xxviii In any cases, all of these characteristics are but derivatives of societal constructions that a
society looking for signs of possible enslavement would like to imagine as being the best way
to suit all parasite-like stances they could then impose.
xxix Only one story one at a time, impeach the bigger picture to emerge, result maybe of what
cannot be investigated, journalists cannot hold only on witnesses but would have to process
onto the gathering of other types of evidence.
xxx From the diverse scandals in rich countries involving rich individuals, to the 2015
grooming scandals in the UK, to the USA very high rates of child ‘prostitution’ and marriage,
to countries like Cambodia, Thailand and the Philippines or specific towns in eastern Europe
or Africa, the targets of ‘sex tourism’ profiteering from what society as a whole proves itself
to incompetent to authoritatively stop.
The great advantage of the images is that they prove how journalists, infiltrate or follow
networks of paedophiles, without any problems, in an often completely open-air places where
the ‘sales’ of children for sexual abuses take place daily. These reporting though not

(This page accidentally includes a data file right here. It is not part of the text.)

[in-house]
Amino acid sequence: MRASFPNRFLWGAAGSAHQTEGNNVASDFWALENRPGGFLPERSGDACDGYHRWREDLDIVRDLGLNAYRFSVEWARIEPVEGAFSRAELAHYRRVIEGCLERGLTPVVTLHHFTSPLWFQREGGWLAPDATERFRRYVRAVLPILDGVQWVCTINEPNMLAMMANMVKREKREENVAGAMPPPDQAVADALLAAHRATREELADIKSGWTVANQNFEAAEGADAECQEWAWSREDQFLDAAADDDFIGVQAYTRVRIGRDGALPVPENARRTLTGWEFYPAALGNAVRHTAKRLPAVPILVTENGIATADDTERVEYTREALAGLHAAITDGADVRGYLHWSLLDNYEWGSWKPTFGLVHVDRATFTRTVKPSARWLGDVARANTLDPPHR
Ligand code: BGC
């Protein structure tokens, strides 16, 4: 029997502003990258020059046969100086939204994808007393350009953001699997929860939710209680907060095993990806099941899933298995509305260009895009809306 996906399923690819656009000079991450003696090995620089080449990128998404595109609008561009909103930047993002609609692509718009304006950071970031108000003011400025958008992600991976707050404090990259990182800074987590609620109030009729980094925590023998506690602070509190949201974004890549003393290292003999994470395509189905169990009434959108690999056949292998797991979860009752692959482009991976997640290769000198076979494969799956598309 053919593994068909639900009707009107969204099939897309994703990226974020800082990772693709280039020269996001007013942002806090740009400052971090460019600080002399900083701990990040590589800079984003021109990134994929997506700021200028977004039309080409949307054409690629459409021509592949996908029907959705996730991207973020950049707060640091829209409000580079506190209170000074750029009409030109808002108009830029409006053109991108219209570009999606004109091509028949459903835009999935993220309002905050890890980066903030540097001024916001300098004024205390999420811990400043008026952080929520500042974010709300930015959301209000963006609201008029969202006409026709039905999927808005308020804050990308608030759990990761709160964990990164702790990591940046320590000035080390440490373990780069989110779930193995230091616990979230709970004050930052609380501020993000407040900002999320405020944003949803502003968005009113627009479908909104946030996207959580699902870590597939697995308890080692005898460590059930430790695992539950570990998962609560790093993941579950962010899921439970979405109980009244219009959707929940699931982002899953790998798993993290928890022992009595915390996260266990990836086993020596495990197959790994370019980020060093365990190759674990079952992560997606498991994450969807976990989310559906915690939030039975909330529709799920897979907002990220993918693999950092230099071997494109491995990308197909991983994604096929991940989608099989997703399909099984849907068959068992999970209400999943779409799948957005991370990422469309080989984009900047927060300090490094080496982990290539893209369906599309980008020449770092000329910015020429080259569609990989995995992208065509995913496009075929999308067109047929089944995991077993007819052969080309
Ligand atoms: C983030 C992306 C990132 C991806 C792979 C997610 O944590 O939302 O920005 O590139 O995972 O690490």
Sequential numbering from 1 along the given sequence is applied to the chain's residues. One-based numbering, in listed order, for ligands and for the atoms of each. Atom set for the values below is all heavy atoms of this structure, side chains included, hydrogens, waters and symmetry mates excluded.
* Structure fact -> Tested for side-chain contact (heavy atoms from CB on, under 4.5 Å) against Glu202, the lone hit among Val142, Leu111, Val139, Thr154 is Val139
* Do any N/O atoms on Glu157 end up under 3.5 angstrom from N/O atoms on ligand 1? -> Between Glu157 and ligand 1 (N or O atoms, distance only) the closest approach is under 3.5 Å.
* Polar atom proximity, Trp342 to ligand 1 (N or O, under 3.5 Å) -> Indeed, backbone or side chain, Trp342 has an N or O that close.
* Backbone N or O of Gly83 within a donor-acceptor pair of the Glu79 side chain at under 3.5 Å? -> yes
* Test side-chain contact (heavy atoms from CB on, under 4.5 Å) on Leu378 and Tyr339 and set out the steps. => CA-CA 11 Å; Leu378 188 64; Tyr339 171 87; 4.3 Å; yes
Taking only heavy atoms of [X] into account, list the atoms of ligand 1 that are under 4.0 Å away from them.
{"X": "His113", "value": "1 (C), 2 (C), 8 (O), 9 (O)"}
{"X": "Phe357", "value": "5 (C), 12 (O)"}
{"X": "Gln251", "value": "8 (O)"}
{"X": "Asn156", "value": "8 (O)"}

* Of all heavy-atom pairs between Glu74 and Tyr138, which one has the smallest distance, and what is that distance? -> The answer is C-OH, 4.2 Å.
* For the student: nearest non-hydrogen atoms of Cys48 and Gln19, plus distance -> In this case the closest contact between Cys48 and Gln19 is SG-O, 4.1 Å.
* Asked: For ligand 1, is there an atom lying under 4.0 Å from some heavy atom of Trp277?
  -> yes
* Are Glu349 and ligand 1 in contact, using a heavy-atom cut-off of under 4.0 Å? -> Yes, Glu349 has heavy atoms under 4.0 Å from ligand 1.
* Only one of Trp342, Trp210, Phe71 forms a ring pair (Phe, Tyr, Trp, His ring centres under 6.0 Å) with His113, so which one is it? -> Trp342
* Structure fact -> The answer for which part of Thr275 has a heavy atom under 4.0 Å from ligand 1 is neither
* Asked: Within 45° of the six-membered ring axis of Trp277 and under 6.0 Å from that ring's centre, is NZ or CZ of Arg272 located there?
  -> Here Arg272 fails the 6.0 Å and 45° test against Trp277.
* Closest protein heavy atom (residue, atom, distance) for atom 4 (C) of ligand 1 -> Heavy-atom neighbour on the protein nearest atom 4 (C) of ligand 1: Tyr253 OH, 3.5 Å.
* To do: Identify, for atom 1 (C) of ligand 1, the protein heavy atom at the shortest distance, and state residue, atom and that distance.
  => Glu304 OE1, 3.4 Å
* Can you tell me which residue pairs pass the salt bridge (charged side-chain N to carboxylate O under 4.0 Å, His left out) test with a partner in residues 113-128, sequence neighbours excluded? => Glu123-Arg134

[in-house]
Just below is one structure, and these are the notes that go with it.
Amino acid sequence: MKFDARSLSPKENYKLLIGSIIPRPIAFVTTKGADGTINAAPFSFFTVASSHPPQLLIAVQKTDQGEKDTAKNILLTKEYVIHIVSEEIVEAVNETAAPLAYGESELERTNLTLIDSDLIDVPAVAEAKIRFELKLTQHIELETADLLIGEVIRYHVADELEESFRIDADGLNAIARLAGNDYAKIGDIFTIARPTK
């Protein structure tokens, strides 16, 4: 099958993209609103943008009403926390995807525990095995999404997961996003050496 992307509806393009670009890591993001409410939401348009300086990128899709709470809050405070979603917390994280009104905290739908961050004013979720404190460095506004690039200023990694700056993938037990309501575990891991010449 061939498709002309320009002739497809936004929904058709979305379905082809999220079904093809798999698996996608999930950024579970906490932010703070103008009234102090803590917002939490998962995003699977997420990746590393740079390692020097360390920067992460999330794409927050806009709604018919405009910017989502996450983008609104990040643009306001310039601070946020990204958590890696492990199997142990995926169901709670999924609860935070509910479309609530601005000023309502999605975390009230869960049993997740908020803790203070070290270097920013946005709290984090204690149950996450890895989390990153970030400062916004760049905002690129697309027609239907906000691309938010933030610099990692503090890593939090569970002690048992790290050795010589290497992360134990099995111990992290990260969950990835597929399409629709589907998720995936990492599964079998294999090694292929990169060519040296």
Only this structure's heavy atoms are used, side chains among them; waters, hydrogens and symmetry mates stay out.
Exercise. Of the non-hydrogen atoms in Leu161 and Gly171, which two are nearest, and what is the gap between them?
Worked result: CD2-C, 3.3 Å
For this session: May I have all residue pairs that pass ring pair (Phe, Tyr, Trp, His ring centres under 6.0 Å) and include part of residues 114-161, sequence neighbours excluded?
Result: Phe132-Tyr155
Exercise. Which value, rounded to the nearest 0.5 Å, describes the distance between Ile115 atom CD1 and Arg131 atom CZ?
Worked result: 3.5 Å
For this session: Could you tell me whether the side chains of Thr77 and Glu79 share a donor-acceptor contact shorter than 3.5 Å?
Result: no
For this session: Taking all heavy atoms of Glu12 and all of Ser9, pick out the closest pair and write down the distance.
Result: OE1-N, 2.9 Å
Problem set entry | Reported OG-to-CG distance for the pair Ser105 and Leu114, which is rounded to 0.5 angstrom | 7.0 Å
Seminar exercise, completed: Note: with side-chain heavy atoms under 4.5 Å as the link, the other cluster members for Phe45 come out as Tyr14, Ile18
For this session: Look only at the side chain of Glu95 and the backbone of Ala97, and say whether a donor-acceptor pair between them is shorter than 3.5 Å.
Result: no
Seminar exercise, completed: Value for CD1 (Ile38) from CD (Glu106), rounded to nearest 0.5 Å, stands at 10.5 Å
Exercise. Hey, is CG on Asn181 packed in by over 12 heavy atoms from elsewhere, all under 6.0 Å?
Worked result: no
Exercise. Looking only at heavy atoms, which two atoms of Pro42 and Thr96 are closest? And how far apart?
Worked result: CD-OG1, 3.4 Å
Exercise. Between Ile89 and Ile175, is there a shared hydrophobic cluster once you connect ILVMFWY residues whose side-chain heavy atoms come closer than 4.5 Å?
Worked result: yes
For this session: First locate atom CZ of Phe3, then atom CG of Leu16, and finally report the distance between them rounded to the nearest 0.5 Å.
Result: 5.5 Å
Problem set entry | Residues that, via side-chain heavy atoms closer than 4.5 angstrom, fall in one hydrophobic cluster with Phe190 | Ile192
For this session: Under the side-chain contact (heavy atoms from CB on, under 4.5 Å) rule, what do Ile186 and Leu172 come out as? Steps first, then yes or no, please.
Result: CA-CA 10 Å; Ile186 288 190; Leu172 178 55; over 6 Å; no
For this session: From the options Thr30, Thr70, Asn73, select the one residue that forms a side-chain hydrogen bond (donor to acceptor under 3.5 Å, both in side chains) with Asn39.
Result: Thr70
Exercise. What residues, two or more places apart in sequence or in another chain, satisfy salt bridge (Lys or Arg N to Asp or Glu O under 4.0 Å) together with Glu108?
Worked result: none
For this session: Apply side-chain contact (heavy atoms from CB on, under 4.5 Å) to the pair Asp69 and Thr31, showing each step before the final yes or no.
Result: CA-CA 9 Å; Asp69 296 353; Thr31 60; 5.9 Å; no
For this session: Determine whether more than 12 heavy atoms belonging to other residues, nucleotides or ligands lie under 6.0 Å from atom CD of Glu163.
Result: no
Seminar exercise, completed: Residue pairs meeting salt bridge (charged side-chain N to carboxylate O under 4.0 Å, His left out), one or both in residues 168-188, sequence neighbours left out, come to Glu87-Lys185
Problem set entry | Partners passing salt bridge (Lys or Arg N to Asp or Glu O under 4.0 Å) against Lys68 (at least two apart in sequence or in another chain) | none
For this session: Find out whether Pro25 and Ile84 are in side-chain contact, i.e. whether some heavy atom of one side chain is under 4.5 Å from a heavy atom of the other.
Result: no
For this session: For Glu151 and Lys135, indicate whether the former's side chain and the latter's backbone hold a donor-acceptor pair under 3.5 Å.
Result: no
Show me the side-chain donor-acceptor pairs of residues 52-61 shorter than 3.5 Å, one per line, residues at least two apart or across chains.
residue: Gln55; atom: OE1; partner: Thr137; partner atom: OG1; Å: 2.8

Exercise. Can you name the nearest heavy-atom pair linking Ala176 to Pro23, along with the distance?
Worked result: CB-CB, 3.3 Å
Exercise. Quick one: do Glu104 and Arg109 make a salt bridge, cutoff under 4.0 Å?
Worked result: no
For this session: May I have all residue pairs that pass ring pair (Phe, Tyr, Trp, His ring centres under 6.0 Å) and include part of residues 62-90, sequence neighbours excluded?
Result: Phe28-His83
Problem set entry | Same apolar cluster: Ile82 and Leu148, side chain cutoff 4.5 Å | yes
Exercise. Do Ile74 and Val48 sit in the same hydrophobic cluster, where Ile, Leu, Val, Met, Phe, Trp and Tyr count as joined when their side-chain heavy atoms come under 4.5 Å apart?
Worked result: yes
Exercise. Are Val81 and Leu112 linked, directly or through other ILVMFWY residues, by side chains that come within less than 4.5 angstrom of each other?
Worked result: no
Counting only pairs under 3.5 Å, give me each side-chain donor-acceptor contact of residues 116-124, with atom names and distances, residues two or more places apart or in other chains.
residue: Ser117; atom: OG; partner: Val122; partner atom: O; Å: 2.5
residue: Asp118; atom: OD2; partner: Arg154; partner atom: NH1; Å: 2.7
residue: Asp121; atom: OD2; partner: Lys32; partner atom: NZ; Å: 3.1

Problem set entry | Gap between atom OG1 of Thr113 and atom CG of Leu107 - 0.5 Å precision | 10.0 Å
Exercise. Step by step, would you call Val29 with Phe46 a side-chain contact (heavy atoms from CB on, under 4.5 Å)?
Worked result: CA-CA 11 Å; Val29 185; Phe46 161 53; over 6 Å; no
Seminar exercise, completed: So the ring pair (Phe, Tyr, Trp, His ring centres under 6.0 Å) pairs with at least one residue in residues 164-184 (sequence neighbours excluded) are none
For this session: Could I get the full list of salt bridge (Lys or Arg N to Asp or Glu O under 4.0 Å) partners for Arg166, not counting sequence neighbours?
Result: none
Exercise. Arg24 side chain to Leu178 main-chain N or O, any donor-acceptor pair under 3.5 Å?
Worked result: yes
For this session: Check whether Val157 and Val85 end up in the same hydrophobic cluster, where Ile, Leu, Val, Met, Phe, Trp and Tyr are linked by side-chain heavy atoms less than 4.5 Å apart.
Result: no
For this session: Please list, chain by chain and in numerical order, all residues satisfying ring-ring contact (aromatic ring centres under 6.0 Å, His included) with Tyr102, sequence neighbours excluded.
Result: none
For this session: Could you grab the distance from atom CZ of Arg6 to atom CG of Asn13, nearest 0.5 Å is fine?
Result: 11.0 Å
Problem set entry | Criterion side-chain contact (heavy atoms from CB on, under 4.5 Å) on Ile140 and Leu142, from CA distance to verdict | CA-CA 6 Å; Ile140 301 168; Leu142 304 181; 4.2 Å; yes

academics by nature just demonstrate how police, justice, law and human decency has then
disappeared from the very society ruling them.
xxxi Also what if the state is unable to raise or help children, such as with the Saville scandals,
or the scandals that go on and on but quietly in care industry = whatever privatised or not or
‘agencised’= the state care system leading children to prostitution or condemned life barred
with education.
Poverty that makes everyone in situation of vulnerability (Whitaker et al., 2008).
xxxii When no valid reason is given it has the potentiality or role of a statement, fabricating
myths of arranged and forced marriage, child marriage and what will be called ‘prostitution’
of underage girls and boys -maybe located in neighbour places that the one discussed- and in
unreported situations, where all people are foreign and strangers, where investigating one’s
clans would rhyme with banishment.
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xxxiii Hidden as well through forced and arranged marriage or ‘simply’ by ‘officialised’ or
totally despised ‘adult prostitution, which just up to now, is not fought or is not viewed as
prostitution with sexual horrendous crimes against minors, but just as prostitution whatever
the setting, degree of abuses, enslavement, coercion, dependence, autonomy, and age of the
victims.
xxxiv
In a sense, excluded from the radical feminist approach to intervention means that the
focus is shifted from men who sexually abuse are not outside society but neither are